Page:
Quilts of Gee’s Bend

This postcard comes from the Quilts of Gee’s Bend postcard collection referenced in an earlier post, Swapping Faith and Books.

Okay, now, don’t judge me for my crazy and random envelope art. Usually, as I hope you can tell from other posts, my envelope decor is a bit more orderly and “clean.” In this case, I just looked at my V-day stickers and decided to use some of everything–rather randomly. I was in that kind of mood. Ask my son. He’ll let you know that I sang practically everything I said to him the same day I decorated this. I sat down and drew and colored the hearts with him at his desk to encourage him while he was finishing his homework. Not sure those hearts would be there otherwise. On the card enclosed, swappers had to write a Bible verse or quote. I chose 1 John 3:18: Little children, let us not love [merely] in theory or in speech but in deed and in truth (in practice and in sincerity). AMP

Random Hearts

Random Hearts

Today, I posted postcards for a “Superhero Postcard Swap” Two partners will receive two postcards each. Once again, I couldn’t fit everything on one card. Here are the cards I sent:

I’m not sure I have a favorite superhero, but if I have to choose, Batman it is! He’s “human” and he relies on skill and intelligence (and a few tools) to defeat his foes. Plus, I enjoy some of the wonderfully weird and whimsical super-villains. These postcards come from The Art of Vintage Comics collection of 100 postcards. Check out Superman’s expression in No. 247. And Batman and Robin losing to “the Bat-woman” (No. 233). Too funny! Catwoman is always awesome. Well, there was that one Catwoman who didn’t quite hit the mark…

Who’s your favorite superhero? Super-villain?

Swapping Faith and Books

I participated in a few postcard swaps last week.   Interestingly, each of the postcard swaps I joined asked that I share a verse, a quote or something about the book I’m reading “now.”  I searched through my stash to find postcards that either complemented the swap theme or coincided with my partners’ interests and favorites.  Here’s what I came up with:

This one was for the “Christian Quote” (on a postcard) swap:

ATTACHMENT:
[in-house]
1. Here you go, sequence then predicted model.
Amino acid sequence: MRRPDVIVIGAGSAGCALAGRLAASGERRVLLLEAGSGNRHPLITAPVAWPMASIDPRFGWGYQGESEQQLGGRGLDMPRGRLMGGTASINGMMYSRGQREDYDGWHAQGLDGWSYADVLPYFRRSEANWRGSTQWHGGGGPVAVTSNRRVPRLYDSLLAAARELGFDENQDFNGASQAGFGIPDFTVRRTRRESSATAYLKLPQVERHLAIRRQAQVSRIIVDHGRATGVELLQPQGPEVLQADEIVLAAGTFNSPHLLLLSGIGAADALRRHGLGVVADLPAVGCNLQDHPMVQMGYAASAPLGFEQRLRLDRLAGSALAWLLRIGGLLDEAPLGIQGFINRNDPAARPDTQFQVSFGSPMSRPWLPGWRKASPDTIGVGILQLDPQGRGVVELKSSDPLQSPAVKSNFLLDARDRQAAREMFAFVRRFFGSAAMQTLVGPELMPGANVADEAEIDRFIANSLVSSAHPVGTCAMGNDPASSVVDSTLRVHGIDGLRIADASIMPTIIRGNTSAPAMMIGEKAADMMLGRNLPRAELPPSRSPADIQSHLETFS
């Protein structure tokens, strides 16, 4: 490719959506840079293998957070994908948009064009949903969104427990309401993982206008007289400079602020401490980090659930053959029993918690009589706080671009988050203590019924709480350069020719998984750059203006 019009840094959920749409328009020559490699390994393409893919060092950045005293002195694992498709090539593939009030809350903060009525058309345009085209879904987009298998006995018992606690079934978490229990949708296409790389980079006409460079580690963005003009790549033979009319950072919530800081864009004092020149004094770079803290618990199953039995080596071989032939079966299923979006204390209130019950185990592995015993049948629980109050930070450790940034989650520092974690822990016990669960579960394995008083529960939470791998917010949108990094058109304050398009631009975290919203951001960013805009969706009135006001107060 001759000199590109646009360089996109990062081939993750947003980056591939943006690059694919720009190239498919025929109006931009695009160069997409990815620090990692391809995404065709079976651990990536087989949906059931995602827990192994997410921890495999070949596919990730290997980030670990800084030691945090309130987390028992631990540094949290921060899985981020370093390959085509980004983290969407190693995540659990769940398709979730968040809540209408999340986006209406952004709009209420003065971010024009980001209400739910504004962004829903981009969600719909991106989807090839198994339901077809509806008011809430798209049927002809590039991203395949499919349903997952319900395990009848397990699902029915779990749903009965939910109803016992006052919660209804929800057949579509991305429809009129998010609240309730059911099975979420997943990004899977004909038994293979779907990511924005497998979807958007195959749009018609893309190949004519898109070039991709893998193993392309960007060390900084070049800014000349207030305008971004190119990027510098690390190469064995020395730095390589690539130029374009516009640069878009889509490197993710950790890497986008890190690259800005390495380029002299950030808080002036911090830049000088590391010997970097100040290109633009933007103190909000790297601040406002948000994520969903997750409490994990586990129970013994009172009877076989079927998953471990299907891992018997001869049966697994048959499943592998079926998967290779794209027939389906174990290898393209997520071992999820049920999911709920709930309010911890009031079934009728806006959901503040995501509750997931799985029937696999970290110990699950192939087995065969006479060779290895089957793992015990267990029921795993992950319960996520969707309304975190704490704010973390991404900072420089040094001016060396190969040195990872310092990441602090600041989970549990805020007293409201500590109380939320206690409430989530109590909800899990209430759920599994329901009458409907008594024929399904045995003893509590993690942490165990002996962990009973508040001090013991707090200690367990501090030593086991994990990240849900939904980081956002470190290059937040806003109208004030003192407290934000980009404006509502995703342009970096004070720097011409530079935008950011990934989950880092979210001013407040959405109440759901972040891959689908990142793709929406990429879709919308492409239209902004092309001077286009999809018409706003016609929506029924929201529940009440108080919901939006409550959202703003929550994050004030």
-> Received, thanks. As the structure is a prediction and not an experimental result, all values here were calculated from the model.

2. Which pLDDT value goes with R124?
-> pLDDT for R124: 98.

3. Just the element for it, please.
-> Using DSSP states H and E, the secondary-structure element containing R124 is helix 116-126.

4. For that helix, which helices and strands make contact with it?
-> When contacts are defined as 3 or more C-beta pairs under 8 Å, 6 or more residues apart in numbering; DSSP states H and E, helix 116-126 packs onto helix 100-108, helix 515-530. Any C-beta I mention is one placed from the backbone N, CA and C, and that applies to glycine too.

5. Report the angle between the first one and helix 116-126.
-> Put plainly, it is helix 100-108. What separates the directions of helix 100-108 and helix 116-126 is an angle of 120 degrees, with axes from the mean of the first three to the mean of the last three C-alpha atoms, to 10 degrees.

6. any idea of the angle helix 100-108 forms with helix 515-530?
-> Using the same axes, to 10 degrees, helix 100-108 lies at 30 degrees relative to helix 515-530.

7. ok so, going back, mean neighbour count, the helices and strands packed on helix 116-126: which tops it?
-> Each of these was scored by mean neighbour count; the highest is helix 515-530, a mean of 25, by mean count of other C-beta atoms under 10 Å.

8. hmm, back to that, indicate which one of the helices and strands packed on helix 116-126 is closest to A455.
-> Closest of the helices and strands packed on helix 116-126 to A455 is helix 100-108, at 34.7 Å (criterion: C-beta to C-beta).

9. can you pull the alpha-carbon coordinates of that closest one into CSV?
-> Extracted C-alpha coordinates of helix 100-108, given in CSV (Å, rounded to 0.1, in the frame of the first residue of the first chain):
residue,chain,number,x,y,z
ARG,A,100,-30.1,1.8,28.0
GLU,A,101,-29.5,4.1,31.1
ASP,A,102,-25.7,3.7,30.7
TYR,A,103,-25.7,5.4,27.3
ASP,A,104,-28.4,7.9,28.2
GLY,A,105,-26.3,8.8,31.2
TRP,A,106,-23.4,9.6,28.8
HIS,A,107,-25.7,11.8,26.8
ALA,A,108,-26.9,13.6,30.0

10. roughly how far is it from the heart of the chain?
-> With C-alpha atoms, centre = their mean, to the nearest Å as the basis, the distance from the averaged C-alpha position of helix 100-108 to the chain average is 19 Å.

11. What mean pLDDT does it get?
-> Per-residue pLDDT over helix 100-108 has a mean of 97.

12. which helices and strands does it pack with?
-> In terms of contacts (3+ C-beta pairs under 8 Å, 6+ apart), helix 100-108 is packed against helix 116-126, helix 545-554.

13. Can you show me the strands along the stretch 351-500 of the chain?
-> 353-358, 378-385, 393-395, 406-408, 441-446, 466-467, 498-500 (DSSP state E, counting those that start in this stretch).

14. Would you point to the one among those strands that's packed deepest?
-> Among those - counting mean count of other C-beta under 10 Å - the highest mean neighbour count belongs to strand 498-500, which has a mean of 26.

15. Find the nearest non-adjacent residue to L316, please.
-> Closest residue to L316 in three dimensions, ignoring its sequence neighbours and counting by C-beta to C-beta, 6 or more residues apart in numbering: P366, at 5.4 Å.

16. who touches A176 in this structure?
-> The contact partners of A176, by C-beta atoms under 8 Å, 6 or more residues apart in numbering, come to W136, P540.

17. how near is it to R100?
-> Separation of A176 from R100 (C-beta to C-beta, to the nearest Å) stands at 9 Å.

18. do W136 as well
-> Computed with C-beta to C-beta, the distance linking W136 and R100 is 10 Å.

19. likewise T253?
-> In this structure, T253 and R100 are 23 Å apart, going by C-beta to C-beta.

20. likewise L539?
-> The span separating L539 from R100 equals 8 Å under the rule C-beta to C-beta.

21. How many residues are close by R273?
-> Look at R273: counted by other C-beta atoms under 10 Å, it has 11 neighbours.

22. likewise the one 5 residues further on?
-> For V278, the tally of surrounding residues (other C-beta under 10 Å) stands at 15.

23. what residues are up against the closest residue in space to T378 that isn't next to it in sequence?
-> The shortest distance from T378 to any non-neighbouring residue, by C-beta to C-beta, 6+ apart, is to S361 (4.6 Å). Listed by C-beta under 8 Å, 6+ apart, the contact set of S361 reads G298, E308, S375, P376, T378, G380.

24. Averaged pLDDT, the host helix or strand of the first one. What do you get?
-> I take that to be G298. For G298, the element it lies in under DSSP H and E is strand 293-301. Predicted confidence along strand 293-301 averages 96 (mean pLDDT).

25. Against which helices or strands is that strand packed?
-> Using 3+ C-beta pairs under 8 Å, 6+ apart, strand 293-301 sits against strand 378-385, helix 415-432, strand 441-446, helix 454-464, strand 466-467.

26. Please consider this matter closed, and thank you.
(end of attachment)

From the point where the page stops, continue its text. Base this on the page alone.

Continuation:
Legend of the Dogwood

The postcard is probably more appropriate for the Easter Season, but I think my swap partner will appreciate it.  I chose a quote by Ben Patterson from the Couples Devotional Bible:  “According to the Bible we have no rights!  Whatever we do we have because God in His grace and generosity has given it to us. When we realize this, there comes into our lives a joyful gratitude for what we have, and we are freed from resentment and anxiety over what we don’t have.”

I had two partners for a swap entitled “There’s a Time For…”  For this swap participants had to share a verse from Ecclesiastes and a prayer for their two partners.   Both of my partners like cats, and I was fortunate enough to find two more cat postcards in my stash.

The Tale of Tom Kitten by Beatrix Potter (1907)

Okay, so this next one is not exactly a “cat” postcard, but it has a cat in it…

“My Father,” 1914, by Marc Chagall (Russian, 1887-1985)

I chose Ecclesiastes 7:8-9 and contextualized and commented on the texts based on what I perceived about each partners’ needs:

The end of a matter is better than its beginning,
and patience is better than pride.
Do not be quickly provoked in your spirit,
for anger resides in the lap of fools.

Lastly, I sent out two postcards from the Quilts of Gee’s Bend collection for the “Bookworm Postcard Swap.”

Quilts of Gee’s Bend 

Quilts of Gee’s Bend

These brightly colored “textile masterpieces” were created by four generations of African American women in Gee’s Bend, described as a remote “backwater of Alabama.”  The women made the quilts from scraps and worn-out work clothes.  I first heard of the Quilts of Gee’s Bend when I participated in a seminar on the African American Imagination at NYU two summers ago.  The seminar was facilitated by renown art historian Leslie King-Hammond. You can find pics of the quilts here:  Gee’s Bend Catalog.

I was reading Homer’s The Odyssey when it was time to send this swap.  I have read it a zillion times, but I never get bored.  Now, my students might tell another story…